Topic: Cokers Hotel, 52 Manchester Street

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Coker's Hotel had historical and social significance as it has operated continuously as a hotel in the city since 1879.

Cokers Hotel - 52 Manchester Street Coker's Hotel was built in 1879 for John Coker.

Coker built a commercial classical building on land positioned between the former railway station and Cathedral Square. The hotel prospered and by 1903 was considered one of the finest and most up-to-date hotels in New Zealand.. The changing patterns of transport into the city, including the closure of the main railway station and the increasing predominance of air travel, saw the decline in prominence of the south side of the inner city. The hotel survived however, making the transition from one of the city's finest hotels to the popular backpacker’s accommodation it provided till demolition. 

Coker's Hotel has architectural and aesthetic significance. The original building on the corner of Manchester and Southwark Streets was built in 1879 in a commercial classical style. Although stripped of the more decorative elements of its classical detailing the building retains its classical style. The two storeyed hotel has segmental arched windows on the ground floor with arched windows on the upper floor. The central bay has a Palladian window on the first floor above the main entrance. The solid parapet remained although the central triangular pediment had been removed. The commercial classical style was a popular style for hotels throughout the city. Additions were made to the rear of the building with the purchase of two further section on Southwark Street in 1890.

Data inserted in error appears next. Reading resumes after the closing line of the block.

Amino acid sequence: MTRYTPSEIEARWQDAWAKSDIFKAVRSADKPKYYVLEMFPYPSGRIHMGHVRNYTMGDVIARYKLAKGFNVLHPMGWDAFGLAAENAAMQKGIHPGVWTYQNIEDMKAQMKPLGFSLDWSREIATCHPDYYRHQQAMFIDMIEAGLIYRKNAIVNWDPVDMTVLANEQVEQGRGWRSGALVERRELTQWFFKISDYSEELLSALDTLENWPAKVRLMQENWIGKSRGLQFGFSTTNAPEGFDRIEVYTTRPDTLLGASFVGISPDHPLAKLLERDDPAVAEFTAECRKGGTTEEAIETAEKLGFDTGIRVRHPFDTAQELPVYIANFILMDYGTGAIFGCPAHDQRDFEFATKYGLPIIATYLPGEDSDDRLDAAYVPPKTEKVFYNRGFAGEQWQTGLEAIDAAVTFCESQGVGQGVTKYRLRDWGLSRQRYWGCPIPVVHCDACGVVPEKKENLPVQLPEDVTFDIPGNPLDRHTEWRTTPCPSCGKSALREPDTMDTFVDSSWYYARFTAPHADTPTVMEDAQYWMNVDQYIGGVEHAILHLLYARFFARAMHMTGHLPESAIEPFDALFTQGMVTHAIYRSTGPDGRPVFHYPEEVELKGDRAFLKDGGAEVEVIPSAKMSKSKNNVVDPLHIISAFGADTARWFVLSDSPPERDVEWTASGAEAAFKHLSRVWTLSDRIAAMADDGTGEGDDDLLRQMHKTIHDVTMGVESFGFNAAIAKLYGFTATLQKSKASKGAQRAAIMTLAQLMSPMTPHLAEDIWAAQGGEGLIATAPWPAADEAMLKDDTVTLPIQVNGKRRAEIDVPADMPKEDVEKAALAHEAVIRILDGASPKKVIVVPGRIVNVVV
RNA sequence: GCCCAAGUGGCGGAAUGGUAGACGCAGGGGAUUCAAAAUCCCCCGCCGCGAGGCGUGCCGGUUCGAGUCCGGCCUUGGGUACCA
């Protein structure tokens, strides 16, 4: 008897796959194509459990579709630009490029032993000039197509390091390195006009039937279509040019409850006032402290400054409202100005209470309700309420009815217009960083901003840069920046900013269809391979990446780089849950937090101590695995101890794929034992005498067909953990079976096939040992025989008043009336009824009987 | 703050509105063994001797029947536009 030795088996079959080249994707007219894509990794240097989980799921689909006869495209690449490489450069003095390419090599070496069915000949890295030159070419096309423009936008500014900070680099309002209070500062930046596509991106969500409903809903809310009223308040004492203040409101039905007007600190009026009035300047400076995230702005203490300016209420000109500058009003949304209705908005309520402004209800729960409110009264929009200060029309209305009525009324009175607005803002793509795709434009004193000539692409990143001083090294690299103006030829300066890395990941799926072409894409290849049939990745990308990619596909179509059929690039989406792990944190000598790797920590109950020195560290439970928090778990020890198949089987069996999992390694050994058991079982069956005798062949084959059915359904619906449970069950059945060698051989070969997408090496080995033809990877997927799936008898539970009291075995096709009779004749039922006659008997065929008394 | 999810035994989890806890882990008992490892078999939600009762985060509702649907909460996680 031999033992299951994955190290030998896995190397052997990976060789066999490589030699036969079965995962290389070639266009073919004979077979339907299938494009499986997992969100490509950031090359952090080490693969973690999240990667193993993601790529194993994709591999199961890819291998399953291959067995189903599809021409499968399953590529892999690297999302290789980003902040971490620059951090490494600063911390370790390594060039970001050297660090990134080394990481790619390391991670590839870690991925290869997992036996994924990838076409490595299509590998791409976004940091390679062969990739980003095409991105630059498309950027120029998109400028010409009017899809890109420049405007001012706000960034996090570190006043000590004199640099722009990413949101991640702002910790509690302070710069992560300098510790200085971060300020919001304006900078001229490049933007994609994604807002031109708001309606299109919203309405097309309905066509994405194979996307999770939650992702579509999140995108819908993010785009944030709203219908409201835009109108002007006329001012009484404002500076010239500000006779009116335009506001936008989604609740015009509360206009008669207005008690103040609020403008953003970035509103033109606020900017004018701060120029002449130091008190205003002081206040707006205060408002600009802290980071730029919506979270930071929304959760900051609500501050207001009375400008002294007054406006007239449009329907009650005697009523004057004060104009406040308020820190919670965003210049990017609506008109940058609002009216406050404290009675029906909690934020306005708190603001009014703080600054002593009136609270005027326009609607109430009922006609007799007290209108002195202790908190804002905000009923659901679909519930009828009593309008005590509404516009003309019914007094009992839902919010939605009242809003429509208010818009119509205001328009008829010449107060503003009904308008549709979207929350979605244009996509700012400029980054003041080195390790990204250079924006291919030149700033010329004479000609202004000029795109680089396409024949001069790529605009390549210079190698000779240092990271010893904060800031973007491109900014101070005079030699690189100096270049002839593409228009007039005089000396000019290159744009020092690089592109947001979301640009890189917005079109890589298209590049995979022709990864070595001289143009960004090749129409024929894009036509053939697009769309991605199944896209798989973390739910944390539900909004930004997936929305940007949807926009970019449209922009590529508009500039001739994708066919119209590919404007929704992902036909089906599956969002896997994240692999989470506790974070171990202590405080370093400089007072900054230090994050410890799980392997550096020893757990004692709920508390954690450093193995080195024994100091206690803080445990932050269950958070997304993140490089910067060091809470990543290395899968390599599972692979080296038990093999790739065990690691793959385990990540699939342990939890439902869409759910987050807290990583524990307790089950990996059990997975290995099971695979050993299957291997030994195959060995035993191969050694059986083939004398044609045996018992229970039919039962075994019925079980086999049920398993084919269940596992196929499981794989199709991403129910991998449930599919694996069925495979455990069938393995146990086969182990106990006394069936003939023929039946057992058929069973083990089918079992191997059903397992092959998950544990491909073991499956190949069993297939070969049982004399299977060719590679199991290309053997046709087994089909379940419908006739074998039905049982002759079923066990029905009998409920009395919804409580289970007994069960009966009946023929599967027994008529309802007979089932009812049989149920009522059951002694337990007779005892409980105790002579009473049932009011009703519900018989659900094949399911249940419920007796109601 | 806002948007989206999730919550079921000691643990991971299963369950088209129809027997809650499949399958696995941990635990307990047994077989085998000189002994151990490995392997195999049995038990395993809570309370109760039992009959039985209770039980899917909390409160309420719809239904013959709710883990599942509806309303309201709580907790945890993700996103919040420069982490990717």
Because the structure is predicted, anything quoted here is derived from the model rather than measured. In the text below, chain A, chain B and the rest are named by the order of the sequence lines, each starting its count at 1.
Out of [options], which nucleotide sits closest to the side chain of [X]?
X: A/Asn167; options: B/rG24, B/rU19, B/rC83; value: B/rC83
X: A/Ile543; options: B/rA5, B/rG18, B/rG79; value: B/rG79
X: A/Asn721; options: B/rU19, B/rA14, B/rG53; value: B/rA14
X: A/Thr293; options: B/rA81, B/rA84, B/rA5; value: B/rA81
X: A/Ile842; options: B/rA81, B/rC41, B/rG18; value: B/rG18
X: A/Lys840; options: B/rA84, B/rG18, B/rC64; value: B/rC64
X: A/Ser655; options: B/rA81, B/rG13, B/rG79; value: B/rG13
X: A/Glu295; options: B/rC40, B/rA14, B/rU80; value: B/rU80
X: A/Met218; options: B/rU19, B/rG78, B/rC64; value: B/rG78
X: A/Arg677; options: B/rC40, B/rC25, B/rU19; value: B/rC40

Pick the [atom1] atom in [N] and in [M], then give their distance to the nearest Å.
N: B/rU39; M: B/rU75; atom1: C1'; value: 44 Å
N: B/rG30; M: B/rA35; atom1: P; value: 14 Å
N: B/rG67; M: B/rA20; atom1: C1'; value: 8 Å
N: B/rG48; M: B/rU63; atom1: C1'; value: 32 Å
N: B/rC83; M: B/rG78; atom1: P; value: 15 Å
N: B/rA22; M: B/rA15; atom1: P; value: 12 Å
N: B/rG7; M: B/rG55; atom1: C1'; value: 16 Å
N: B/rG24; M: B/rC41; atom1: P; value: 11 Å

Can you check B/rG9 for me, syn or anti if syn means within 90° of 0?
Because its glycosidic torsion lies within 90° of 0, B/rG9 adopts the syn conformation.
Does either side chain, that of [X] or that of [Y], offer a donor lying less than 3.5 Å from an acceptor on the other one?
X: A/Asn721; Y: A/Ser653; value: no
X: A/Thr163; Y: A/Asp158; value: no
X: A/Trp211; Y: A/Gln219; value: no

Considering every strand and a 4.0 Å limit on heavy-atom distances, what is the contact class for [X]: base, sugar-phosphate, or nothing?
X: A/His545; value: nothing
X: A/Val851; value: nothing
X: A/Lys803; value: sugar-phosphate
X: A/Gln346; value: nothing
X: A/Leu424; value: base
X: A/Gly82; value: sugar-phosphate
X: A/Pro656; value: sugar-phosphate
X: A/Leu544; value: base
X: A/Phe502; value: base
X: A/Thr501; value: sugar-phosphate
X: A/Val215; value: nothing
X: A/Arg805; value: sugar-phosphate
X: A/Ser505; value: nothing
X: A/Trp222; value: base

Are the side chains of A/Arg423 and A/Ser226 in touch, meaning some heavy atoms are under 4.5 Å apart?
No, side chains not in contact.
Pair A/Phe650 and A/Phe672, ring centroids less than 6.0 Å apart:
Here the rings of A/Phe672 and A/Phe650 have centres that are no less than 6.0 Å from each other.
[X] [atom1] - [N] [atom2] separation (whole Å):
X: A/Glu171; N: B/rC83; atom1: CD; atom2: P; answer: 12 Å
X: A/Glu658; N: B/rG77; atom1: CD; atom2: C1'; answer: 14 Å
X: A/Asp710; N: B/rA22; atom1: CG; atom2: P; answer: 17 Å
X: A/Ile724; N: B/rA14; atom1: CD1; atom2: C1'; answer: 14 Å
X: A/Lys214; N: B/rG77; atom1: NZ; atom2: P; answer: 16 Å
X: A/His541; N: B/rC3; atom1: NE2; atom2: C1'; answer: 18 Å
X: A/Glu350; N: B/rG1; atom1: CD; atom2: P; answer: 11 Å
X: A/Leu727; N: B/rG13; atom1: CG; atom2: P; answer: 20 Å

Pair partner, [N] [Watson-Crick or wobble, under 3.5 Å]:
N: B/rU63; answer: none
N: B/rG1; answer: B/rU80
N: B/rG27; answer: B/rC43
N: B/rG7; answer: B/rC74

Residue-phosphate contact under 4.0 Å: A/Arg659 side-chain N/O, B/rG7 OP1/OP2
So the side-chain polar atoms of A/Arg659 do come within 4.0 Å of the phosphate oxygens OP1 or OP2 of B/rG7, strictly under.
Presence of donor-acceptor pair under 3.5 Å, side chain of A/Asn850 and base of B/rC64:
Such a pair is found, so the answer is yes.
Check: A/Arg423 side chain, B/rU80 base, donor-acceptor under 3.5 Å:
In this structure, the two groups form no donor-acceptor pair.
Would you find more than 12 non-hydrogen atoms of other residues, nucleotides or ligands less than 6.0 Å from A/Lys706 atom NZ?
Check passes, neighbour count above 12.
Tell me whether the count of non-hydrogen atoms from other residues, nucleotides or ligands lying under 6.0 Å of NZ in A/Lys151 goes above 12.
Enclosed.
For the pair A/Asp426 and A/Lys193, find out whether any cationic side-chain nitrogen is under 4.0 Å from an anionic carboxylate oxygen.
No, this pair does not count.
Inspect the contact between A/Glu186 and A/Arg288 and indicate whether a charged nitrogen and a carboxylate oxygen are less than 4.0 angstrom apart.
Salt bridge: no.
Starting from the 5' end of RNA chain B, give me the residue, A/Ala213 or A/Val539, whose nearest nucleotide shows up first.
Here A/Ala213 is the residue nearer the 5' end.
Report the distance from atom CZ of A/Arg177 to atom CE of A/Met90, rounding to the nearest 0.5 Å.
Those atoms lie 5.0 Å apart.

The two storey and three storey additional buildings continued the restrained classical style of the Southwark Street facade although on a smaller scale. The building had undergone several major renovation and extension projects since it was built, including the addition of 25 bedrooms, several sitting rooms and a new public bar in 1900 by F J Barlow, architect, and a major bar extension at the rear of the building in 1957 by Trengrove, Trengrove and Marshall, architects. The 1937 extension of the building along Manchester Street, in the classical style of the building, was designed by W H Trengrove, the founder of the Trengrove architectural practice in 1922 that continues to this day as Trengrove and Blunt Architects Ltd. The interior has been altered several times in the history of the building but has retained its integrity through its consistency of use.

Badly damaged in September and December 2010 events, notice was issued under Section 124 of the Building Act as a dangerous building, and the hotel was later demolished.

 

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